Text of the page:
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Abe to dissolve lower house Thurs. for general election

Prime Minister Shinzo Abe, center, is pictured at a special meeting of the Liberal Democratic Party (LDP) Board on Sept. 25, 2017. Sitting on the left is LDP Secretary-General Toshihiro Nikai, and on the far right is party Vice President Masahiko Komura. (Mainichi)

TOKYO (Kyodo) -- Prime Minister Shinzo Abe told a meeting of his Liberal Democratic Party on Monday that he will dissolve the House of Representatives when it convenes Thursday, a senior LDP member said, paving the way for a general election expected in late October.

    The prime minister is scheduled to hold a press conference at 6 p.m., at which he is expected to formally announce the dissolution.

    Abe, who is the president of the ruling LDP, will seek a fresh mandate on his security polices amid growing North Korean threats as well as on welfare, pledging to review how to spend revenue from a consumption tax hike in 2019 for expanding child support and slow down the pace of paying down government debt.

    The election is to be held on Oct. 22 with official campaigning beginning Oct. 10, Natsuo Yamaguchi, leader of the LDP's junior coalition partner Komeito, told reporters after a meeting with Abe on Monday afternoon.

    Yamaguchi said he had not discussed with Abe a specific goal for the election, but they "would need to at least secure a majority as the ruling coalition in order to maintain this administration."

    Before speaking to LDP executives and Yamaguchi, Abe told a meeting of the Council on Economic and Fiscal Policy he plans to launch a 2 trillion yen ($17.8 billion) economic plan, centering on free preschool education and other social support.

    Abe said the tax hike revenue will be used to fund that plan, but insisted the government will look to rebuild the country's finances at the same time.

    Opposition parties have criticized Abe's expected decision, arguing there is no reason for an early dissolution of the lower chamber before the current term expires in December 2018 and describing the move as an attempt to avoid grilling over cronyism allegations leveled at the prime minister in Diet deliberations.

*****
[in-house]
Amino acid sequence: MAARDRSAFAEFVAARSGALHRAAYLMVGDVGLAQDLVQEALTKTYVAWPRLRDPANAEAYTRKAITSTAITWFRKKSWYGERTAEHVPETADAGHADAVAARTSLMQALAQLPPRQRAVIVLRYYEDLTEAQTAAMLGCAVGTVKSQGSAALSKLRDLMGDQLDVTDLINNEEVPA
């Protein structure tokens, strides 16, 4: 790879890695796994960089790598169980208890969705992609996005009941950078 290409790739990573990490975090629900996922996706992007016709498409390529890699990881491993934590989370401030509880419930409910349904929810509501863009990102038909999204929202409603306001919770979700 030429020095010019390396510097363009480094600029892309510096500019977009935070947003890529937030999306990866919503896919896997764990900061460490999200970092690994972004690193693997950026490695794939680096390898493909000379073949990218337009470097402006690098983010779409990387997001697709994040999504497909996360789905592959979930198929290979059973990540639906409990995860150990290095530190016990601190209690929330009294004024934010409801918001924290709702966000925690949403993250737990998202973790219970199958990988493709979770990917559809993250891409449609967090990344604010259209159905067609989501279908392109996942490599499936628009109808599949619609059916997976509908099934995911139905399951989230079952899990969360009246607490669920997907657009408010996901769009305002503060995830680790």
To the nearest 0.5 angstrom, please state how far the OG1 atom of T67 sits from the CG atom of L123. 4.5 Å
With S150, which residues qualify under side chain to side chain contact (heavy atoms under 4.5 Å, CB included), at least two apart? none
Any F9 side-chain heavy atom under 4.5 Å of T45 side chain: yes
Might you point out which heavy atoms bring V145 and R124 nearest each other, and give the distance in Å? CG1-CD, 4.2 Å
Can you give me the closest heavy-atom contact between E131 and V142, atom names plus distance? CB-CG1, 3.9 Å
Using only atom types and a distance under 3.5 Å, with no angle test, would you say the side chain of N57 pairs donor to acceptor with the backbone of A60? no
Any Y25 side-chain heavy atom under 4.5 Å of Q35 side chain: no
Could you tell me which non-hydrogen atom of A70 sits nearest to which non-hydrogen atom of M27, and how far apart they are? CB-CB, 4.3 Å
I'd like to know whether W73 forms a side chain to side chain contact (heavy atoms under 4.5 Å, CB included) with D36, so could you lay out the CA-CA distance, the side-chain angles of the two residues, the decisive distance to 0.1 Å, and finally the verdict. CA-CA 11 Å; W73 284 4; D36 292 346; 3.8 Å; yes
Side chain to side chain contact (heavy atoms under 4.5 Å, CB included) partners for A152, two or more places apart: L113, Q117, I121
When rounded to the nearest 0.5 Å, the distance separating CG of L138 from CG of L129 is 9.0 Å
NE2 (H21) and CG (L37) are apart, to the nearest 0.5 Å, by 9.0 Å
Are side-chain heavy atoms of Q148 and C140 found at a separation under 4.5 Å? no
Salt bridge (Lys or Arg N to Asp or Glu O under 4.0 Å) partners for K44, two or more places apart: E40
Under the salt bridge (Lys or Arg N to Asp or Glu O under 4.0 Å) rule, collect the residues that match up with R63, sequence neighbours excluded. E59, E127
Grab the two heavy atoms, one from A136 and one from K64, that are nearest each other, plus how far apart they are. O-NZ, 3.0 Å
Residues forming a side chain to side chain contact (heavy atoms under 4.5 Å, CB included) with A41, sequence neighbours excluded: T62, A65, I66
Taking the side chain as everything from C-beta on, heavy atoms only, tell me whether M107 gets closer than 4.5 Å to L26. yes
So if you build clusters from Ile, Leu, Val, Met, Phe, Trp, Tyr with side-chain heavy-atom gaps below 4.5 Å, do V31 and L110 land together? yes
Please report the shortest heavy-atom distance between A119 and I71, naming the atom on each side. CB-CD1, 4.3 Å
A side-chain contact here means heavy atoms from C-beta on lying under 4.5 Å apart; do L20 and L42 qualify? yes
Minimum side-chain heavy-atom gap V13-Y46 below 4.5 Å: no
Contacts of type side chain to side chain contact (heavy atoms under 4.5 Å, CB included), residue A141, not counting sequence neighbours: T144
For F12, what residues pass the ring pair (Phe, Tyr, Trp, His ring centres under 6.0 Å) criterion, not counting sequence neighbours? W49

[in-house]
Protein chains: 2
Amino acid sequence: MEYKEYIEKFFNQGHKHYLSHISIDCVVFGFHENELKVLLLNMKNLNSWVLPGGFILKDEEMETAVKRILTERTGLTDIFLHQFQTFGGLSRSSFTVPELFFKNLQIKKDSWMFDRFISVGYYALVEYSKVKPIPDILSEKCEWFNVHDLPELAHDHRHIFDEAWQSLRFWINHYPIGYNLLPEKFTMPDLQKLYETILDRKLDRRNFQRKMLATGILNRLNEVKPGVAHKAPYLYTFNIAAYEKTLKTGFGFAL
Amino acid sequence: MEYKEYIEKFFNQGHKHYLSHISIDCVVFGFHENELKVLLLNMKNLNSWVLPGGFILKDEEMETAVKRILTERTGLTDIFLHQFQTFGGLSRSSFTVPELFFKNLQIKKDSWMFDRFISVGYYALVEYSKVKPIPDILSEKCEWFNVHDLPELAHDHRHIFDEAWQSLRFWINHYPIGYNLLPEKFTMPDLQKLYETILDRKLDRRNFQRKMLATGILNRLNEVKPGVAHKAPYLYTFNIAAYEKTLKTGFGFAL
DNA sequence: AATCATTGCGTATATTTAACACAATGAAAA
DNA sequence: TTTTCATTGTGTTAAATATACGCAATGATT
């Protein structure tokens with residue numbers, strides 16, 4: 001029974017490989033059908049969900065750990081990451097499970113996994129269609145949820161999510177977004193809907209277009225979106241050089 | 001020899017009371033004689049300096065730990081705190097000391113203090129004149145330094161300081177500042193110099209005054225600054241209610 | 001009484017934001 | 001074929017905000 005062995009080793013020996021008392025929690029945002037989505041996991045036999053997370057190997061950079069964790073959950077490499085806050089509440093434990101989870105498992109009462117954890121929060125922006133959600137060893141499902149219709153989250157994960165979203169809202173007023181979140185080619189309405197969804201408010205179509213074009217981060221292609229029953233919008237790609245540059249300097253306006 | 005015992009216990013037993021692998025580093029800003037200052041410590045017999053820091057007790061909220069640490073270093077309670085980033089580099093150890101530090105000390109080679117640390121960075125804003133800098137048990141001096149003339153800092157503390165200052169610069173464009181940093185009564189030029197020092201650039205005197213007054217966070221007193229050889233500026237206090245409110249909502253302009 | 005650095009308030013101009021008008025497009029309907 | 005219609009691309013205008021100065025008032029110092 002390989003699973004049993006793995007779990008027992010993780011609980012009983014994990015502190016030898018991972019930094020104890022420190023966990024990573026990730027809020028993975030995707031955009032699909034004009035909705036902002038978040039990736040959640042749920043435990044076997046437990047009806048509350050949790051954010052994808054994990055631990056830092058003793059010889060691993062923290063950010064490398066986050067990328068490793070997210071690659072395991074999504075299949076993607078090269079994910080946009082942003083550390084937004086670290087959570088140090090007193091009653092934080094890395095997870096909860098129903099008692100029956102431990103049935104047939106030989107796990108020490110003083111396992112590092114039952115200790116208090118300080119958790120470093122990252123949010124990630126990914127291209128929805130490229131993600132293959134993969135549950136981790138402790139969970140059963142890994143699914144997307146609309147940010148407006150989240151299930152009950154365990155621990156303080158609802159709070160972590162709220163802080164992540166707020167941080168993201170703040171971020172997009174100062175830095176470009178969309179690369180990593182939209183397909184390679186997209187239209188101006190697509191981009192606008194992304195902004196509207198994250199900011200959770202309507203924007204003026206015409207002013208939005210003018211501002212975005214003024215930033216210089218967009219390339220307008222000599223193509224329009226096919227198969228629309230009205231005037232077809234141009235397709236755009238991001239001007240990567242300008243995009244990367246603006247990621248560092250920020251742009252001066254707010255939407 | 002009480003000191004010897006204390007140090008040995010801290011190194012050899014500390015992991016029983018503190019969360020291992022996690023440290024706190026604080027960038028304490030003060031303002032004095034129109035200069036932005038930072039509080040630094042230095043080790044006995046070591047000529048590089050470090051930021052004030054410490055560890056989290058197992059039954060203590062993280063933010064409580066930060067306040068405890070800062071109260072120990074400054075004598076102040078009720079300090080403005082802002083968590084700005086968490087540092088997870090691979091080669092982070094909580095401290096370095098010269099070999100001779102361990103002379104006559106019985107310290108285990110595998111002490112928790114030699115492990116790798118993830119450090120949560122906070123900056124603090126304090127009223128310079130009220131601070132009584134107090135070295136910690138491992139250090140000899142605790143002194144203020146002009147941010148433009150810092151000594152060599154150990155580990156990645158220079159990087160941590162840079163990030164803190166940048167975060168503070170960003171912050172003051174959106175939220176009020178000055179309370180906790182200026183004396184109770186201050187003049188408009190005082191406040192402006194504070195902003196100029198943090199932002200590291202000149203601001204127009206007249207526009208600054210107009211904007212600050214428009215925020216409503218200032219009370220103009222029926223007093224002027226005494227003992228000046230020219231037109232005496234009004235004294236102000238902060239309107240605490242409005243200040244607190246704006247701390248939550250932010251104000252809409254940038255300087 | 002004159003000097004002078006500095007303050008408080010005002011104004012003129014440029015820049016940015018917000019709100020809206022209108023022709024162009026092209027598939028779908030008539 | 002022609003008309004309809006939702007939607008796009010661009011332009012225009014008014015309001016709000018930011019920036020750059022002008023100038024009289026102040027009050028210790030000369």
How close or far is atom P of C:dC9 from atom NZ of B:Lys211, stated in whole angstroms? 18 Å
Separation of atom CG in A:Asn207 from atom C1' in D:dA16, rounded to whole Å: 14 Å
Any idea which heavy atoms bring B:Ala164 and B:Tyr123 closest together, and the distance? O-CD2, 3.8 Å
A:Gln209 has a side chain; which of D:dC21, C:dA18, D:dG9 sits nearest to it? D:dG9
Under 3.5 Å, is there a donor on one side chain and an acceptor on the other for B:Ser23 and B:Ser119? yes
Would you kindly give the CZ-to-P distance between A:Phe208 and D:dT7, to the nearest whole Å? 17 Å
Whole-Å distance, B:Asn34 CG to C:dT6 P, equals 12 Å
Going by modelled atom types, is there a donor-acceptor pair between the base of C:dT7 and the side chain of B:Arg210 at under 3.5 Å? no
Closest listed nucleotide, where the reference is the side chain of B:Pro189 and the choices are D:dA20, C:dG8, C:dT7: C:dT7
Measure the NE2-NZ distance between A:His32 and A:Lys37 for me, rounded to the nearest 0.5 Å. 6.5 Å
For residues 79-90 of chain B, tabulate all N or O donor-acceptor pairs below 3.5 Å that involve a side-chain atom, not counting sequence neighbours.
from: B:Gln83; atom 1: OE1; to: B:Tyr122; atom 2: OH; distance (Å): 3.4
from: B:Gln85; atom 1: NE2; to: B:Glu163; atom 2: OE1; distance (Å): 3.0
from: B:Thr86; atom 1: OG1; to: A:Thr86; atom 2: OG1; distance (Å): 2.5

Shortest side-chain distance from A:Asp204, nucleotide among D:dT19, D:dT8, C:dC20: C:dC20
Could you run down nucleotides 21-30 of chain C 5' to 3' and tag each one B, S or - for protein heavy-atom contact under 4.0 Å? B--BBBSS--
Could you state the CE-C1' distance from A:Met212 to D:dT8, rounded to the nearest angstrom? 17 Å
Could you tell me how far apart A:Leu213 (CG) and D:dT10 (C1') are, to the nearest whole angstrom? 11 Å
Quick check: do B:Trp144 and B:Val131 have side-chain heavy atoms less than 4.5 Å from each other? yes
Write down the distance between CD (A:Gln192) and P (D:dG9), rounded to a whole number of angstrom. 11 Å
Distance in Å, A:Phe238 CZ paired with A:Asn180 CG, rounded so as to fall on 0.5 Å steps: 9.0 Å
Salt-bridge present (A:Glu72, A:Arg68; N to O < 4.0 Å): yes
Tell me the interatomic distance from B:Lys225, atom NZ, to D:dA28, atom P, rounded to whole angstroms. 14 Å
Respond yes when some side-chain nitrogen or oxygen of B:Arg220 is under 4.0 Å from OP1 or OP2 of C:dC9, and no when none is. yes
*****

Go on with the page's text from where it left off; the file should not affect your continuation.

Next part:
But Komeito's Yamaguchi defended the call, saying after his meeting with Abe that the decision to use the consumption tax hike revenue in a different way than originally promised justifies renewing the administration's mandate from the public.

    The Democratic Party and other opposition parties have started advancing their preparation for the election, exploring the possibility of promoting electoral cooperation to counter the ruling bloc.

    Shortly before Abe told LDP members of his dissolution plan, Tokyo Gov. Yuriko Koike said she is establishing a new national-level political party called the "Kibo" (Hope) party.

    Her announcement put an end to weeks of speculation about the outcome of negotiations between Masaru Wakasa, an independent lower house lawmaker and ally to Koike, and defectors from other parties, including Goshi Hosono, a former environment minister who recently left the Democratic Party.

    Koike, who was herself a Diet member with the LDP before running for governor, indicated the new party will field candidates nationwide. She said she will continue her gubernatorial duties alongside the party's activities.

    Japanese voters will be given two ballots: one for a candidate in their electoral district, and one proportional representation vote with which parties elect members off lists divided into regional blocks.

    Asked in a Kyodo News nationwide poll over the weekend which party would get their proportional representation vote, 27.0 percent said the LDP, 8.0 percent said the Democratic Party and 4.6 percent said Komeito.

    Some 42.2 percent said they have yet to decide which party to vote for, while 6.2 percent said they would support the new party being organized by the Koike camp -- although this was before she announced that she would be its leader.


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